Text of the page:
In New Orleans, where I live, poverty
live side by side
. But there are still bad neighborhoods, really really bad neighborhoods. Places most people would call ghettos
are called wards, where blocks of brown, dilapidated government housing looms in the dim street lights at night. 9th Ward
is among the worst. A friend of mine once worked as a member of the maintenance crew and said that on the average, one person on the grounds died per night (not necessarily residents). I have fixed cars whose owners live in these wards that have been riddled with bullet holes from getting caught in the crossfire
. Once my boss lent me his car and when I forgot the street where I parked it, I reported it stolen (only to find it nights later on a different block, duh), he went looking for it in the 9th Ward. It's where people often find their stolen cars that were taken for a joy ride rather than stripped for parts or sold. The 9th Ward is not very far from where I live, but far enough to seem like it doesn't even exist. Once, I was riding my bike
during the day and accidentally happened upon a street which bisected the 9th Ward. A group of black kids younger than me screamed, "HEY, WHITE GIRL!!!
" I had my Walkman
on, so I pretended not to hear them.
When looking for apartments in the Garden District or Uptown, the advice I was given was to stay between Magazine and Carondelet, two parallel streets with St. Charles in between them where the neighborhoods were relatively safe. Anywhere past Magazine and you get too close to the River, in less palatable neighborhoods where one of the items in the real estate section of the paper is "unfurnished kitchen," which means there's no stove or fridge; you have to buy those yourself. Once I lived in what I called a crack shack, one block past Magazine near the river that had an unfurnished kitchen. I paid $350 a month for a 2 bedroom shotgun apartment with no insulation, no heat or air conditioning, no stove or fridge. It was a rough ride. Once while living there, I was walking home from the grocery store on Magazine, which is such a nice, normal street that it's hard to believe one block over can be so different. I passed two black men sitting on their front stoop who began hissing at me, that pssst pssst noise, like a catcall of sorts. I ignored it, and they yelled after me, "That's right, go ahead and ignore us. Then you wonder why we black people don't talk to you fucking people." If I wasn't alone on a dark street, I would have liked to have said something.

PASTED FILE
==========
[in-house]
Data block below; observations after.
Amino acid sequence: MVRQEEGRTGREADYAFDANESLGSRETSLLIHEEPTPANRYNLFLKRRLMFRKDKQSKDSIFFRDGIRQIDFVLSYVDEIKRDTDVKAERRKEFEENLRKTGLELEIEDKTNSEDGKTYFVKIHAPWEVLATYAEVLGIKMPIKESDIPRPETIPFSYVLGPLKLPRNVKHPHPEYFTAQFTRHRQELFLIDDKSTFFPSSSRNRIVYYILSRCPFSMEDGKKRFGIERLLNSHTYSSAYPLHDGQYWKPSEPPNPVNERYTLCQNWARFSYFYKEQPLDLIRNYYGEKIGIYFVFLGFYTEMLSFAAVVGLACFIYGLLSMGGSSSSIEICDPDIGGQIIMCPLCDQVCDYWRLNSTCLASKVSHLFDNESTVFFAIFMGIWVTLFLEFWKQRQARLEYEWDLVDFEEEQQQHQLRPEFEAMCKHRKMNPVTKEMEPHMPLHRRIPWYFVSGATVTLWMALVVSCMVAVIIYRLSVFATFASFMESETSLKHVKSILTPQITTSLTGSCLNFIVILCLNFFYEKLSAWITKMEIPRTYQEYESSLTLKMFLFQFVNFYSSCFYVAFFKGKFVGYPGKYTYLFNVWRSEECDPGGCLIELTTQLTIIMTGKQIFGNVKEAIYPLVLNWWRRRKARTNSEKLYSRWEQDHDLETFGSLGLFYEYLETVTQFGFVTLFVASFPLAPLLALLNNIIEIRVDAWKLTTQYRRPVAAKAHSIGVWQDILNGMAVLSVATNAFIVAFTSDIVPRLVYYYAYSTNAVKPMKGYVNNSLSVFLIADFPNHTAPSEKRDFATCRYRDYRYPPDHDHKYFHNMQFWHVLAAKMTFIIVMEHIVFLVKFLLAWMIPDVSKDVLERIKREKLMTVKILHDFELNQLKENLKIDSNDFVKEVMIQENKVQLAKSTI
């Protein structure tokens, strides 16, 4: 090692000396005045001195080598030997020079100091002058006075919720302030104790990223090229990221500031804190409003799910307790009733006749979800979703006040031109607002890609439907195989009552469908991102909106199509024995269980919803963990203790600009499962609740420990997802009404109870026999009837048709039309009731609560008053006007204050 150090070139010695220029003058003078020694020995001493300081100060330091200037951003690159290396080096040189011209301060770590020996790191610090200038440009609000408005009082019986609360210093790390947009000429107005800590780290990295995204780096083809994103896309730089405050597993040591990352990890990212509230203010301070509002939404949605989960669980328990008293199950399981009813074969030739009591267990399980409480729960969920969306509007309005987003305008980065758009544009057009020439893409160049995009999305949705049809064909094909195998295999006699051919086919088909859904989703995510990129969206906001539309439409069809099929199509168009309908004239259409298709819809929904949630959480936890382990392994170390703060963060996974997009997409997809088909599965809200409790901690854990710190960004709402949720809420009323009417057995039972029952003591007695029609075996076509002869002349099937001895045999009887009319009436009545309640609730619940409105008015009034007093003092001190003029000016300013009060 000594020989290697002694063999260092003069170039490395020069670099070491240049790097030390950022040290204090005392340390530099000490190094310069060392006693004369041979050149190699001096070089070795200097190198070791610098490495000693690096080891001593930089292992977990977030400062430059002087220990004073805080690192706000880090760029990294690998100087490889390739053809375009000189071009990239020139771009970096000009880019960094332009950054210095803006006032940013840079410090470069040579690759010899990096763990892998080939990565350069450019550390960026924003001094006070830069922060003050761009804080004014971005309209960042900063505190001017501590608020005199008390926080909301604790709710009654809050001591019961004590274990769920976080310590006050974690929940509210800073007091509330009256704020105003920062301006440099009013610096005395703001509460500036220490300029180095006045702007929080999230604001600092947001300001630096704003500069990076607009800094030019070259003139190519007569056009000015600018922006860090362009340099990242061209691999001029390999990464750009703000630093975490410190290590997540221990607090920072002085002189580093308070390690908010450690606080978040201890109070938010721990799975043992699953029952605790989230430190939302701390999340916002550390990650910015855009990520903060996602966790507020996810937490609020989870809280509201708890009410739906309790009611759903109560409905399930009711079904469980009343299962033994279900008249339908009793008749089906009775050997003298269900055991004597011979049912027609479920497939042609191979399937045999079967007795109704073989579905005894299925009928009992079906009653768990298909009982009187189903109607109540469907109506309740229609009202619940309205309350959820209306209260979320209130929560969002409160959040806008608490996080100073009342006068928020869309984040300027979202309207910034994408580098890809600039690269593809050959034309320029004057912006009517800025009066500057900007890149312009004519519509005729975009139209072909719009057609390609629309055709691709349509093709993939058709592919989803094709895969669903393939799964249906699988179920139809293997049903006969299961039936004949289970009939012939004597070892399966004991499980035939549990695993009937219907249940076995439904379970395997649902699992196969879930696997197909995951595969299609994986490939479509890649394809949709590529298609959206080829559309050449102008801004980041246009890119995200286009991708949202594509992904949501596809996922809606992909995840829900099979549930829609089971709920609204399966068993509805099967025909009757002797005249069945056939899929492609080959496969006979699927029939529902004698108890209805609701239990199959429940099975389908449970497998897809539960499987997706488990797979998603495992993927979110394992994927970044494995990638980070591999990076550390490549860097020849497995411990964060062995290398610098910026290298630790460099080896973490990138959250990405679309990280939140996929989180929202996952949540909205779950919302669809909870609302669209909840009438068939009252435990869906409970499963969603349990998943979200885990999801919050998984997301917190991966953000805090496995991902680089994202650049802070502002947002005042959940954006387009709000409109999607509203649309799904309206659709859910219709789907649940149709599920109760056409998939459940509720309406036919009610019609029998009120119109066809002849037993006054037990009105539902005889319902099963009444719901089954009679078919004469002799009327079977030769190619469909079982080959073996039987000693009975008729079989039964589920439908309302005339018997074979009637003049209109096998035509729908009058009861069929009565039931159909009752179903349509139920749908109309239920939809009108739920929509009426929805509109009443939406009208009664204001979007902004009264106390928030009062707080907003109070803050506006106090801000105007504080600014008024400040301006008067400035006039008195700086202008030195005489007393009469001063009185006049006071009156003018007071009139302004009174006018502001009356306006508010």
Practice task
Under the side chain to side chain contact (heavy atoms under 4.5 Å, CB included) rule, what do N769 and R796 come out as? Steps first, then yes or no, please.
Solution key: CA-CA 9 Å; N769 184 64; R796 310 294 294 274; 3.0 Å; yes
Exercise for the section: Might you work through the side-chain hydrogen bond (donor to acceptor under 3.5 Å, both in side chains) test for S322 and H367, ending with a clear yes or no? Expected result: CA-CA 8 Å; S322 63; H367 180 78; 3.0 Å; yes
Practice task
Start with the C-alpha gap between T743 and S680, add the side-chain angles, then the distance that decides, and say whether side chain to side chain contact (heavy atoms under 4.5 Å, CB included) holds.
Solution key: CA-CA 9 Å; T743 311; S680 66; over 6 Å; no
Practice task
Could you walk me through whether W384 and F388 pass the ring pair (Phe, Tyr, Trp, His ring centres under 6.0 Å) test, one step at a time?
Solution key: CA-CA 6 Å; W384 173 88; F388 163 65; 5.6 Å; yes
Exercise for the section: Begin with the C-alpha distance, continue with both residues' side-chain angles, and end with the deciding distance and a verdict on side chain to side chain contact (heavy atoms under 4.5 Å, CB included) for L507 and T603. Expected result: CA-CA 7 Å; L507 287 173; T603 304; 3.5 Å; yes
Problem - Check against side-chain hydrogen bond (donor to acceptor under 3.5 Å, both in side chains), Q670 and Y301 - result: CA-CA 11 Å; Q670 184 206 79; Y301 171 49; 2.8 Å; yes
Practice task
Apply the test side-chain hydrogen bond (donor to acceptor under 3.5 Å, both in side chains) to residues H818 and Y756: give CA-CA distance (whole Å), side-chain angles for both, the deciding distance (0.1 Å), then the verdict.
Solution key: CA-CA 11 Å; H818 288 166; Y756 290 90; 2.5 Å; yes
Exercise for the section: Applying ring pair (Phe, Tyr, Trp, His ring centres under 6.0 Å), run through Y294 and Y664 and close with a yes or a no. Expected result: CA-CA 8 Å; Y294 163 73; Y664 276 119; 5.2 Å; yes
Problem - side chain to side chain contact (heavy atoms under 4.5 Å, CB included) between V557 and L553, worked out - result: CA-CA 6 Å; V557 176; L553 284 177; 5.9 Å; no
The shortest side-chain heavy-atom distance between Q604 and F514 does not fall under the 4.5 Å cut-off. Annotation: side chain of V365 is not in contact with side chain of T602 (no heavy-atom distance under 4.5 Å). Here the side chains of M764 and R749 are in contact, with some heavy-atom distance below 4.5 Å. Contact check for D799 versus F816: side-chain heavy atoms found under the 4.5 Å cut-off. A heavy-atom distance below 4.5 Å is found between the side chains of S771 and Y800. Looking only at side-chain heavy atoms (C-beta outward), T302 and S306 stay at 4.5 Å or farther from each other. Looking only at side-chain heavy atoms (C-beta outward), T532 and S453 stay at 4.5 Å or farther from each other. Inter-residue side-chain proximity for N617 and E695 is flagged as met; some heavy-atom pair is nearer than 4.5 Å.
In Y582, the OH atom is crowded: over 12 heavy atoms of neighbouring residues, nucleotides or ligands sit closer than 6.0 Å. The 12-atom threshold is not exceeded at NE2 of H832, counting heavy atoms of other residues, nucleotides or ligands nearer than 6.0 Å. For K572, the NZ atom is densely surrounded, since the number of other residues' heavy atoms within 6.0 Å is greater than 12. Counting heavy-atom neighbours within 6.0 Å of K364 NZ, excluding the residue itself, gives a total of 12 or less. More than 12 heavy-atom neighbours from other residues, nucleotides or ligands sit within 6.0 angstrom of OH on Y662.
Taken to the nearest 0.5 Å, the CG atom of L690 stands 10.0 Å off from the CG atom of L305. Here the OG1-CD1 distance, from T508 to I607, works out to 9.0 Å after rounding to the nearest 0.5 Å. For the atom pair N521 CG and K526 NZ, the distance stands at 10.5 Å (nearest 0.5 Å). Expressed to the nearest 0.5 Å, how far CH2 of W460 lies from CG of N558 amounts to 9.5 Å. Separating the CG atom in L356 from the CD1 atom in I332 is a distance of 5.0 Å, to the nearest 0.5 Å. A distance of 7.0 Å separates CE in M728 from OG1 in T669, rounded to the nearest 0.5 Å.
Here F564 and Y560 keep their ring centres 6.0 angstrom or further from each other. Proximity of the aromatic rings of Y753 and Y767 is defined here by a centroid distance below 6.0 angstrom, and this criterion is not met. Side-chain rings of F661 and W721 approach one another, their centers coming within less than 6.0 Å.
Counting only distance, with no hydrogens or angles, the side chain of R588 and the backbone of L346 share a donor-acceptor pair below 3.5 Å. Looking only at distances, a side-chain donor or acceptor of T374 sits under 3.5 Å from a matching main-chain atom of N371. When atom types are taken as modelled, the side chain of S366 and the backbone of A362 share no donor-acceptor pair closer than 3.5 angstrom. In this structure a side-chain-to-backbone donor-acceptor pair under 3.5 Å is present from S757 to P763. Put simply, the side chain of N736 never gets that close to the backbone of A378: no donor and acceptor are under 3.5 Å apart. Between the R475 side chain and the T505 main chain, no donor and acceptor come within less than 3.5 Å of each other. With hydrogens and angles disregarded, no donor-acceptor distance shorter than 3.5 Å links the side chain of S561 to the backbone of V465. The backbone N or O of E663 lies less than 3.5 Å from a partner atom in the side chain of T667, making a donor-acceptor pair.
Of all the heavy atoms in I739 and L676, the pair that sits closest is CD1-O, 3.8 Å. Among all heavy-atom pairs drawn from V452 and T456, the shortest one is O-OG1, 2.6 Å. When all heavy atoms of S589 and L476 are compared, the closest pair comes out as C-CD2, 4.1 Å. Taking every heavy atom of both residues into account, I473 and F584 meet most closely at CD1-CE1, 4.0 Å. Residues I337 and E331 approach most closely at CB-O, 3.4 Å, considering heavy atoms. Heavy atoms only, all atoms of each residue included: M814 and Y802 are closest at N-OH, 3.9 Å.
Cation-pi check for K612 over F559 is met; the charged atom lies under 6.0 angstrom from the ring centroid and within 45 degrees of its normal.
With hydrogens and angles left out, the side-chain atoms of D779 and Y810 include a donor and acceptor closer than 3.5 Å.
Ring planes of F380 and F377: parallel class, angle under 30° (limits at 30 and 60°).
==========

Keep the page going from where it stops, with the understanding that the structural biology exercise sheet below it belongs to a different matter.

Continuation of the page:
Maybe they saw me as a threat because I lived in their neighborhood. But I was paying the same low rent for the same shitty conditions as they were. If they saw my apartment and the dorm fridge and hot plate I used to prepare food, if they saw my breath in the cold bathroom as I saw it every morning when I tried to take a bath to get ready for one of the two jobs I held in an effort to pay the bills, they might have thought differently. Maybe not.
Other neighborhoods are becoming far more gentrified than any place I've ever lived, I'm sure, but I have no clue where they are or what their borders are. While I am currently looking for an apartment, I'm not increasing what I am willing to pay enough that it will change much the quality of the neighborhood I likely end up in. There will still be nice buildings next to hovels, pristine gated lawns next to vacant lots. I am the minority here, and this is the South. Those white young people who happen here either do it for college or for a change of scenery, both of which allow for a population that doesn't really increase or decrease but undulates. I am not part of the gentrification process. I am just as broke or stubborn as anyone else, and for that I pay the price of mockery, or rudeness due to the color of my skin.
As far as I can see it, the places moving up in value are the suburban areas outside the city, where white people go to raise families and to leave the city to its own demise. Which is where younger, unmarried people like me take advantage. Cheap rents are no secret here, and people put up with a lot to live cheaply. You want your run down neighborhoods, your high death rate, your poor education and miserable living conditions, you can fucking have them. You can trust that this white person doesn't have the money to take over your street, though sometimes I wish I did so that you could see what living better was like. Shit, I would like to live better too, you know. What it would mean to your kids and their kids. And how no advancement is bought without a price.
In New Orleans, not many places outside the Quarter are hiking their rents where they haven't always been high, like the Warehouse District or Uptown. Some people try, buying run down homes and sprucing them up, but they're often not backed by any corporations. They just love this city and want to improve it in their small way. The real problem, I think, are those tenacious landlords who will not spend the money needed to make their rentals the least bit more appealing. They expect everyone to be slovenly, irresponsible losers, so they often get what they expect and deserve in my opinion. If they get a renter like me, who takes care of what she has, they chalk it up as coincidence, luck, and wait for me to get tired of it and leave.
Everything needs a balance, but humans seldom understand that. They overdo it, sending out skyrocketing rents and sales to usher in corporations instead of working with the community, instead of realizing that there is one and that it may need a little organization, since why should the community care now when the people who have charged them cheap rent for the last 20 years don't care about them? White people and corporations just amaze me most of the time how clueless we can be.